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API says intangible drilling costs tax deduction vital to jobs, production

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API says intangible drilling costs tax deduction vital to jobs, production

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Repealing a US oil and natural gas tax deduction for intangible drilling costs would cause 190,000 Americans to be unemployed and production to significantly decline, according to a Wood Mackenzie study released Thursday.

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Taking away the tax deduction would cause industry investment in the US to fall by $407 billion through 2023, resulting in a 15%-20% decline in future domestic drilling, said the study, funded by the American Petroleum Institute.

"Repealing the IDC deduction would actually lead to long term declines in federal revenues, state taxes, and royalty payments to private landowners," said Stephen Comstock, API's director of tax and accounting policy, in a statement accompanying the study. "If policymakers want to generate more revenue from oil and natural gas production, raising taxes is the wrong approach."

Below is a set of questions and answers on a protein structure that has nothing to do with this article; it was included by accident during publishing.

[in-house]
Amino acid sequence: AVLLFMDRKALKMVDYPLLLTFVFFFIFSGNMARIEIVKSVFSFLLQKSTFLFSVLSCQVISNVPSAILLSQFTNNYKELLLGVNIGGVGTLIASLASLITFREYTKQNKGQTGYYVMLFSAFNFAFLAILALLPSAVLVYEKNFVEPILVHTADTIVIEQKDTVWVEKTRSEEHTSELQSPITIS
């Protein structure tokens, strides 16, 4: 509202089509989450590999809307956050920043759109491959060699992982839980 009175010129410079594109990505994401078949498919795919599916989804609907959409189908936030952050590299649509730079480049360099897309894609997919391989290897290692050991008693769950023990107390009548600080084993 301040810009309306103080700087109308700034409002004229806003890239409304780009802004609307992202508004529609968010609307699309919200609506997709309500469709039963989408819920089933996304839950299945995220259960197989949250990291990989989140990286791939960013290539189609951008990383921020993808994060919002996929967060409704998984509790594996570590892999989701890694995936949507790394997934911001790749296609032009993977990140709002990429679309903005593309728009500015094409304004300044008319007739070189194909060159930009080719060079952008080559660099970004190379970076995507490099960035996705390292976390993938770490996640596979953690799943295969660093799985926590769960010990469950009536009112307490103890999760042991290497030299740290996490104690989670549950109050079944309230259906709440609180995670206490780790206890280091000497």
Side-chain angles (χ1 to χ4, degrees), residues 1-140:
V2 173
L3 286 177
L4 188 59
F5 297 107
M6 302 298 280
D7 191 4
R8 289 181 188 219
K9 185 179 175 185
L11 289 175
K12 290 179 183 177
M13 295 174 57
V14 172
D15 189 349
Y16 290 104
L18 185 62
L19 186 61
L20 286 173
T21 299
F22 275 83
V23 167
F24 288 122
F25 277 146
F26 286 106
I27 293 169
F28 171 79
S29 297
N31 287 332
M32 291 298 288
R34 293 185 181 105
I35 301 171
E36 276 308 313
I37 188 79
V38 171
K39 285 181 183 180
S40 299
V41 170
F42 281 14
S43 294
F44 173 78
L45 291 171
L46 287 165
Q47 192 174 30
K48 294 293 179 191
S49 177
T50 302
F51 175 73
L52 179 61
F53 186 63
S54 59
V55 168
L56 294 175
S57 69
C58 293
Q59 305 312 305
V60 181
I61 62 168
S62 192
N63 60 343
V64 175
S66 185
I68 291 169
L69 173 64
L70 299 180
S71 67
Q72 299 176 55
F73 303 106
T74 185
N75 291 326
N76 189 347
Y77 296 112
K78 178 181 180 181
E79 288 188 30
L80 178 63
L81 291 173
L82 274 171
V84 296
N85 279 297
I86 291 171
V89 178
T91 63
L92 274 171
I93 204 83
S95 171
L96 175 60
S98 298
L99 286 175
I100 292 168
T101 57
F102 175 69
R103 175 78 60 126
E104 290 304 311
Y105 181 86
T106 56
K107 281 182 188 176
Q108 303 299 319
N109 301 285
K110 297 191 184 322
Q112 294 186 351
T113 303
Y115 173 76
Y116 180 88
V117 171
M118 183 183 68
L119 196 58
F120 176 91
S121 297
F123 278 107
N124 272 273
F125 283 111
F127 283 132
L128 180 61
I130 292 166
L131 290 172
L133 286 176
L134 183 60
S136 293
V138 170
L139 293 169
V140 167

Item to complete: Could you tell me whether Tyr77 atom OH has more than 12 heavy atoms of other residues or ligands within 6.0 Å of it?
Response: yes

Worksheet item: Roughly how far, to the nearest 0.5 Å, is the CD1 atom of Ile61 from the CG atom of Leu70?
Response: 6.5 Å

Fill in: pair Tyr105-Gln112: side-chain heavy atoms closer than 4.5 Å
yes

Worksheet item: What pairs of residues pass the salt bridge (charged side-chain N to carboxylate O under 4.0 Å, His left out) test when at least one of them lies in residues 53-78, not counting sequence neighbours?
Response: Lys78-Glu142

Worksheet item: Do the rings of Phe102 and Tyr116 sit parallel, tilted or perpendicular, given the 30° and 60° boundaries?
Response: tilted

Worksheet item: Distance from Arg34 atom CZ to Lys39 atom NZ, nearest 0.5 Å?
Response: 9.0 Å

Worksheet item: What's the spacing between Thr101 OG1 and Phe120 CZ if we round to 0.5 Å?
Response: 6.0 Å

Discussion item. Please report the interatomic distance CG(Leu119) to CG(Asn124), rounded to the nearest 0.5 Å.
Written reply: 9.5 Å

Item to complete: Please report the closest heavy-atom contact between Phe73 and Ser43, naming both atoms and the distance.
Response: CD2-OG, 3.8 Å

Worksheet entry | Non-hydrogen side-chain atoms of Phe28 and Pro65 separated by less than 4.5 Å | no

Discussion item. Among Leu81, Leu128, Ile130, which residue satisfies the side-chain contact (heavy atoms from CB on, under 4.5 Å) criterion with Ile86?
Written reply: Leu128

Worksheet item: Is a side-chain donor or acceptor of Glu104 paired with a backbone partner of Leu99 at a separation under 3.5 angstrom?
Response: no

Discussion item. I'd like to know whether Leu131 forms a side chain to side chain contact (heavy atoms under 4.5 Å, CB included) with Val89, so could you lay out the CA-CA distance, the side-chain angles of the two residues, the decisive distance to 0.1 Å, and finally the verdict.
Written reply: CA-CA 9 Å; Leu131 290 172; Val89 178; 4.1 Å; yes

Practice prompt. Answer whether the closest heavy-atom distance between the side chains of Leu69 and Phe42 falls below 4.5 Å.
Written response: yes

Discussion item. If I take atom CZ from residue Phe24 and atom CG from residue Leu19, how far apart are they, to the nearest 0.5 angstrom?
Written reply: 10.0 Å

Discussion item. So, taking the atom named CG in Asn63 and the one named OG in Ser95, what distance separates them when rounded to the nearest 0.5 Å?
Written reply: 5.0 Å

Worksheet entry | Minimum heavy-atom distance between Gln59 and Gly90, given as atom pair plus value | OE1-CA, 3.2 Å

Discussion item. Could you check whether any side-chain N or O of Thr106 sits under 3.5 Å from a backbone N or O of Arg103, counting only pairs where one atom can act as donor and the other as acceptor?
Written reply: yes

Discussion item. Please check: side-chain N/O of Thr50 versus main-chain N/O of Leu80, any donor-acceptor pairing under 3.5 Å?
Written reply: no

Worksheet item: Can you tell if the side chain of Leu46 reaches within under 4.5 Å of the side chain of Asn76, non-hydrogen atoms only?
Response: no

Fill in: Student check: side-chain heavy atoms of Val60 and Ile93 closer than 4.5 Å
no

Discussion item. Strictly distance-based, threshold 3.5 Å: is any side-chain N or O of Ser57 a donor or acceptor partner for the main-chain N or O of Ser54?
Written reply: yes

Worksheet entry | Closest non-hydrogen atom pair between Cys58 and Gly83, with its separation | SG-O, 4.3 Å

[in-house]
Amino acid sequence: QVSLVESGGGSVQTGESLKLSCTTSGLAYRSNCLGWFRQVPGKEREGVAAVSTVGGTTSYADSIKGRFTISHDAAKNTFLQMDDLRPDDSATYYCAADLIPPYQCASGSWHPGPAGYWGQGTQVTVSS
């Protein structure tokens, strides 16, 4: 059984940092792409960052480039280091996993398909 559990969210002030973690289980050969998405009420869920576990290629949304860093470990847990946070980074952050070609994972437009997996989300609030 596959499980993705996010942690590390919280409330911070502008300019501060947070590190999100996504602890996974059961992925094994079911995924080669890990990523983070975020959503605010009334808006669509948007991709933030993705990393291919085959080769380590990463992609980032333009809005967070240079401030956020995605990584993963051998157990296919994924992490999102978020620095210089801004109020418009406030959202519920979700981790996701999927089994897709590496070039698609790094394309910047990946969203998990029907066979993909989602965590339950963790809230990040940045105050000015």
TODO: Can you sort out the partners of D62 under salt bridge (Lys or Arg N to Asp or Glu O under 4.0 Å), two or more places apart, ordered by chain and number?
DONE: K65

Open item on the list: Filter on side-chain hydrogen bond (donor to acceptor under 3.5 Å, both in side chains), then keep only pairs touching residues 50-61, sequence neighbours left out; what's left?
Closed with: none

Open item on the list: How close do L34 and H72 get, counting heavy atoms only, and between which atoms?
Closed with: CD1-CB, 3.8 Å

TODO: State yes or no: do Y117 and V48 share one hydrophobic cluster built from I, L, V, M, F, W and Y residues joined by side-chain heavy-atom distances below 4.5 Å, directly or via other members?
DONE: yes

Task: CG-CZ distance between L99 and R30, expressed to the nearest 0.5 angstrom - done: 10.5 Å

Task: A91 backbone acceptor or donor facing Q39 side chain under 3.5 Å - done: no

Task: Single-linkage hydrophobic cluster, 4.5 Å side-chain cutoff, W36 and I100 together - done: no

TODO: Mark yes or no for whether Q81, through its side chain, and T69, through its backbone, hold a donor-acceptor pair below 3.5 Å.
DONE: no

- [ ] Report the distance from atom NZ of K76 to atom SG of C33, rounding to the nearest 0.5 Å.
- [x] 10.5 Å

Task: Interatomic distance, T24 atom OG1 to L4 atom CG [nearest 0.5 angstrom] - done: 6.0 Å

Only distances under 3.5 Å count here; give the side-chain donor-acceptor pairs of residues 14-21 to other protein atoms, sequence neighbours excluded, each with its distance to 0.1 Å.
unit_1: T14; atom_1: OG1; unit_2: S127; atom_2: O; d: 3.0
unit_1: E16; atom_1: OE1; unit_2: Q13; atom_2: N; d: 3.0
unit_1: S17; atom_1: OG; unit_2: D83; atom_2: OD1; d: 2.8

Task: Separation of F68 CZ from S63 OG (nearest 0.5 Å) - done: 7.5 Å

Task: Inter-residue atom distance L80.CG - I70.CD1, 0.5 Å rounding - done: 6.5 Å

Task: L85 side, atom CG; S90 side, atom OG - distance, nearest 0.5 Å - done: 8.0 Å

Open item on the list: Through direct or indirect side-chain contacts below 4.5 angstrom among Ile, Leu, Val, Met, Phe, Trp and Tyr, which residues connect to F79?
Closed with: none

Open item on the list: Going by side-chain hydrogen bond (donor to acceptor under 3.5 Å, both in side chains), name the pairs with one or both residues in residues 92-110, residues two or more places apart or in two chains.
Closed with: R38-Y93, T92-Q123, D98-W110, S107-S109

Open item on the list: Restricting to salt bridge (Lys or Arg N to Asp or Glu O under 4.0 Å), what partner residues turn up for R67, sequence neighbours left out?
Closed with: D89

The IDC tax break is one of several that environmentalists and fiscal hawks have said are unnecessary for an industry that continues to rake in record profits.


The IDC deduction dates back to 1916 and permits domestic oil companies to take immediate deductions for certain costs associated with drilling oil wells, instead of spreading those deductions out over the life of the wells. The Center for American Progress, a liberal think tank, has said the IDC benefits the oil and gas industry by $12.5 billion over 10 years.

While there are no immediate plans in Congress to repeal the IDC deduction, Comstock said API, in releasing the study, wanted to stress its importance in maintaining robust domestic production to policymakers.

"There is a lot of activity going on behind the scenes" in congressional discussions about oil and gas company revenues, Comstock said in a later conference call with reporters. "We still get a lot of questions about it."

--Herman Wang, herman.wang@platts.com
--Edited by Richard Rubin, richard.rubin@platts.com